Spectators heading to Wimbledon this week would do well to pack a brolly, with warnings of heavy rainfall expected over the hallowed courts. The annual tennis tournament isn’t the only event affected by unseasonable weather recently – and if the lack of sun has put you in a gloomy mood, you’re not alone.
“Research that was conducted in San Francisco – where it reportedly rains 67% of the year – suggests people do report feeling down, lonely and have lower self esteem,” says psychologist Dr Audrey Tang, author of The Leader’s Guide to Resilience. “There are practical reasons as to why this affects our psychology, because if it’s raining a lot, we don’t see people quite so much.”
This spring has seen worse weather compared to last year, plus the effects of lockdown restrictions taking their toll.
“The pandemic has heightened everything,” says Janine Parry, life coach and founder of JSP Training and Consultancy. “Last year, when we were in the midst of lockdown, the weather was beautiful from April. Now, we’re desperate to get out, desperate to have some type of normality – we’ve been starved of that for 15 months.”
And it’s not necessarily depression that can result from grey days, Tang says: “When it rains a lot, it can be associated with rises in aggression. It may well be because we’ve been cooped up for so long, and we’re building up this energy. We haven’t been able to go out for a run, we haven’t been able to do the usual forms of healthy expression.”
So, what should you do if you’re feeling low right now? “We can choose to do things that will make our lives happier,” says Tang. “We cannot control the weather, but we can control ourselves.”
Don’t fall victim to FOMO
If you have to cancel or change plans because of wet weather, it’s easy to feel hard done by and get a kind of FOMO (fear of missing out).
“We believe that had it been better [weather], we might have had more fun,” says Tang. “We miss or mourn something we haven’t necessarily had, which is worth recognising. There’s no guarantee that any day, any event would have been absolutely perfect had it gone ahead as planned.”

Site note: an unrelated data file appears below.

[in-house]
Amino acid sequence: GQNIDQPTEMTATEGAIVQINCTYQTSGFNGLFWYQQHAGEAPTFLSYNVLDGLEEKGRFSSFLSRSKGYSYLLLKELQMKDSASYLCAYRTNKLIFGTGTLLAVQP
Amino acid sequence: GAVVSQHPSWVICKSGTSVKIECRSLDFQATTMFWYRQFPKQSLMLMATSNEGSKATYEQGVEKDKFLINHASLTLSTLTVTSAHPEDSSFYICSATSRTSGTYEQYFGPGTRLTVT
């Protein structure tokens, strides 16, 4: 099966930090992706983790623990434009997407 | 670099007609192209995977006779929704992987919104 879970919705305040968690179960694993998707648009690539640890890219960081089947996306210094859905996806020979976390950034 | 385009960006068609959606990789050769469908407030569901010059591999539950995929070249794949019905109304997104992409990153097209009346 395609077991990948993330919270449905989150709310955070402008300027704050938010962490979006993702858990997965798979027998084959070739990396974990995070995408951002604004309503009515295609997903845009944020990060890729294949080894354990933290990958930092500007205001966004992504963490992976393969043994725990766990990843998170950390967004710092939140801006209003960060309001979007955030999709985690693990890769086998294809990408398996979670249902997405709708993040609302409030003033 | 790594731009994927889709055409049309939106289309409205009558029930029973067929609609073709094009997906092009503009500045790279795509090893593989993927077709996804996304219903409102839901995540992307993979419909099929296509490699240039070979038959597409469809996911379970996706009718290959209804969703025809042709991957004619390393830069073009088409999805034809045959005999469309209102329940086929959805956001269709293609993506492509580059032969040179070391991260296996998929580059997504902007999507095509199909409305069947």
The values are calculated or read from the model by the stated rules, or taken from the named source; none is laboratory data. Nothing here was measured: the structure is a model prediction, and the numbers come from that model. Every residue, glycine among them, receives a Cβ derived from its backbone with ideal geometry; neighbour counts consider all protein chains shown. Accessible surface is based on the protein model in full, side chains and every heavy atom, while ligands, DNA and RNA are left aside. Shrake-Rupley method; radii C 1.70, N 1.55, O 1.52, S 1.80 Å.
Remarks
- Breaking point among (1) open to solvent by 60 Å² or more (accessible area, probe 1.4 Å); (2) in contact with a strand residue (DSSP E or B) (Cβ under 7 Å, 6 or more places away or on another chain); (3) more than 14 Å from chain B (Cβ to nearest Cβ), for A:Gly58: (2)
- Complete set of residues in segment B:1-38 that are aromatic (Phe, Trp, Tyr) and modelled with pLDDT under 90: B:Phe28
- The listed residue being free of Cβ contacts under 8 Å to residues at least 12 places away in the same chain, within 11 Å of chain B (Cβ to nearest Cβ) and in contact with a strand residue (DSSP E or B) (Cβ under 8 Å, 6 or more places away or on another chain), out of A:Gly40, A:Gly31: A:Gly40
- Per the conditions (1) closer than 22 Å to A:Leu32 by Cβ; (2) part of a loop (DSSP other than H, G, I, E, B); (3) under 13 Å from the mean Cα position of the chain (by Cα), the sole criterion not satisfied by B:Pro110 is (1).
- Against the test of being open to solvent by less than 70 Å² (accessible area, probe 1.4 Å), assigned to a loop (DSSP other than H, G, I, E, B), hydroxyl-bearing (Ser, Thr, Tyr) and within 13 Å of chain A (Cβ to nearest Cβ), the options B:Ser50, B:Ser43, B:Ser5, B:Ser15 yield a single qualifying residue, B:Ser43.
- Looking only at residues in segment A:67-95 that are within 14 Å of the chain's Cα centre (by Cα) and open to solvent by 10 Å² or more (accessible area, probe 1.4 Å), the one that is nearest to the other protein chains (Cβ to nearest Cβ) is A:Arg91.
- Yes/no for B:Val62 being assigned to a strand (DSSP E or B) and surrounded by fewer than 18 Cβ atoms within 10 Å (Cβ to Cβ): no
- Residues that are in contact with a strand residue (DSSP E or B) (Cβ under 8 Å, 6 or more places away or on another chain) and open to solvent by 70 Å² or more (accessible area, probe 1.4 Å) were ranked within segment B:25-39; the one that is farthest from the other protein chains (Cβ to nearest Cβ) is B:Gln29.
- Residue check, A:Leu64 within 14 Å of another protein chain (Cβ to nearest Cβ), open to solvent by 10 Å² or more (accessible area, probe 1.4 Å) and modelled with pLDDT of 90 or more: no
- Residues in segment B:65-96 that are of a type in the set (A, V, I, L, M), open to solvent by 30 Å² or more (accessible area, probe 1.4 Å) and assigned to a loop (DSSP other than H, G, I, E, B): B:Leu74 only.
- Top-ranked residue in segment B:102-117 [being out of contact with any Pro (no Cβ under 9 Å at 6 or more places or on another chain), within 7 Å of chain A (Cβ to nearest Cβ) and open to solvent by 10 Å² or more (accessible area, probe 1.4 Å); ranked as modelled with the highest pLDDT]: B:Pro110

Go out anyway
You don’t always have to ‘take a rain check’ when grey clouds loom, says Parry: “Sometimes, it’s a case of ‘just do it’. If it’s dull day, it may not be raining, so get the wellies, get your anoraks on, pack a picnic and just get out there. The most important thing is to make the most of the daylight, even if it’s not sunny, and make it an adventure.”
Similarly, while that picnic or barbecue might not be possible in torrential rain, you can catch up with friends or family indoors, while still following lockdown rules.
Tang suggests: “Maybe instead you can find something to do in each other’s houses, and be able to sit and have that coffee and cake or leisurely lunch.”
Is working from home giving you cabin fever? “Change your location in the house – that can make a huge difference,” says Tang, who does something called a ‘gratitude stretch’ throughout the day, which can benefit both your physical and mental health.
“I simply stretch my arms and think of one thing I’m looking forward to doing today, then stretch my legs and think of one person I love having in my life. It keeps you focused on the good stuff.”
Parry recommends little healthy treats throughout the day when working from home: “Whether it’s having a really nice lunch, getting out into the garden, or taking the dog around the block for 10 minutes – you’ve got to break your day up. Things like candles or scents, and having some background music when you’re working, can help.”
Board games are a typical rainy-day activity, but Tang says to avoid things like Monopoly, that might end up testing your temper more than soothing it.
“Play cooperative board games. I’m talking about games like Carcassonne, there’s a game called Pandemic, believe it or not, there’s one called Betrayal At House On The Hill. They’re games where you have to work together as a team, in order to solve that problem – that’s a great way to do a team bonding activity.”